Facebook will maintain a leadership role in the association through the remainder of this year, and then it will serve as any other founding member, according to the Libra Association’s charter.
The Libra Association is important to the cryptocurrency’s success, Catalini said. Member companies will add utility to the platform, help scale the ecosystem, and provide distributed governance. “The reason why cryptopayments have been so ineffective is that there are separate solutions that don’t talk to each other, which adds friction and cost,” he explained. “Having founding members around table will make the network useful from the beginning.”
Facebook is already in the crosshairs over privacy and trust — how do we know it will do right thing with financial data?
At the same time, Facebook is developing Calibra, a digital wallet for the Libra cryptocurrency.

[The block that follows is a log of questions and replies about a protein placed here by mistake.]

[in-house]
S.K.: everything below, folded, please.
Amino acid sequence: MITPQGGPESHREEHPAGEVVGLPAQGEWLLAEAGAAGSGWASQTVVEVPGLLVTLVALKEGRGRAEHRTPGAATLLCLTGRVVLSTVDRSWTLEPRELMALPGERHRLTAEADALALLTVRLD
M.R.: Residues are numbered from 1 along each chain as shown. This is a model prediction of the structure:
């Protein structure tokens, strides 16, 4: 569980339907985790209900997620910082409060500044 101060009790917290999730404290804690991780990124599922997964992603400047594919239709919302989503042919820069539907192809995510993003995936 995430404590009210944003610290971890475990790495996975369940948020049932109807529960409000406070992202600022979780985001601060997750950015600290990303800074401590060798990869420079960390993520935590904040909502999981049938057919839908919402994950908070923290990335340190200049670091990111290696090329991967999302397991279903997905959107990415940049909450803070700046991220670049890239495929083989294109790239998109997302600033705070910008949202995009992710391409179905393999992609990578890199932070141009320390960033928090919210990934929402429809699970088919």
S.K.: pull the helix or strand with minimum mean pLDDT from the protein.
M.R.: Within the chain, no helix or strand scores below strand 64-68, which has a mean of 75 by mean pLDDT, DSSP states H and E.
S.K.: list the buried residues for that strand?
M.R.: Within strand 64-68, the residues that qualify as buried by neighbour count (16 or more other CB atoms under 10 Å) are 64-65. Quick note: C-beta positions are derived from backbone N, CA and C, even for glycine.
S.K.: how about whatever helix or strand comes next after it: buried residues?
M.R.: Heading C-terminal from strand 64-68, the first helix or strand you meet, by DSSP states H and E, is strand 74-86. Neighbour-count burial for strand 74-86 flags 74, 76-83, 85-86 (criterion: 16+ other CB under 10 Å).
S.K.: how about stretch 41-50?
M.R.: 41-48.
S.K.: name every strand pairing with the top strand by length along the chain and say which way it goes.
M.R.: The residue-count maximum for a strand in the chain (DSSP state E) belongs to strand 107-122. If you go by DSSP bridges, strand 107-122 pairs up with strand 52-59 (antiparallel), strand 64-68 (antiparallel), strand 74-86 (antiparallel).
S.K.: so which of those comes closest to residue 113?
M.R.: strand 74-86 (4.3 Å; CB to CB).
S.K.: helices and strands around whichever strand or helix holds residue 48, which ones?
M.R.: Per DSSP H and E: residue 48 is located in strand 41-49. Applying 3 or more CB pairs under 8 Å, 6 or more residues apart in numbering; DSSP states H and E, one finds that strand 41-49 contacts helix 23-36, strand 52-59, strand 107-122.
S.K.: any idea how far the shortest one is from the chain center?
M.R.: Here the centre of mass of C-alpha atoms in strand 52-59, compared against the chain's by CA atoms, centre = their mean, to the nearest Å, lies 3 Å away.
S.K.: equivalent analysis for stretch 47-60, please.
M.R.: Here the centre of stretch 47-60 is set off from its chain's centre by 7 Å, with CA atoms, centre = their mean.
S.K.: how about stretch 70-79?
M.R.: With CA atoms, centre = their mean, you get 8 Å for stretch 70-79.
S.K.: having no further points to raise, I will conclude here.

Having a separate nonprofit association serve as a steward for Libra is designed to alleviate concerns, but many in the industry are skeptical about Facebook’s role. Just last month, the Libra Association took a hit as several of its key founding members — most notably, eBay, Stripe, PayPal, and MasterCard — exited, concerned that scrutiny of Facebook could extend to their businesses as well.
Catalini downplayed the departures. “We’ve heard the criticism from different voices, we’ve absorbed it, and are iterating on the design,” he said.
Perhaps most important, Catalini promised that Facebook is committed to keeping financial and social data separate and will put measures such as encryption and access controls in place to ensure the two aren’t linked.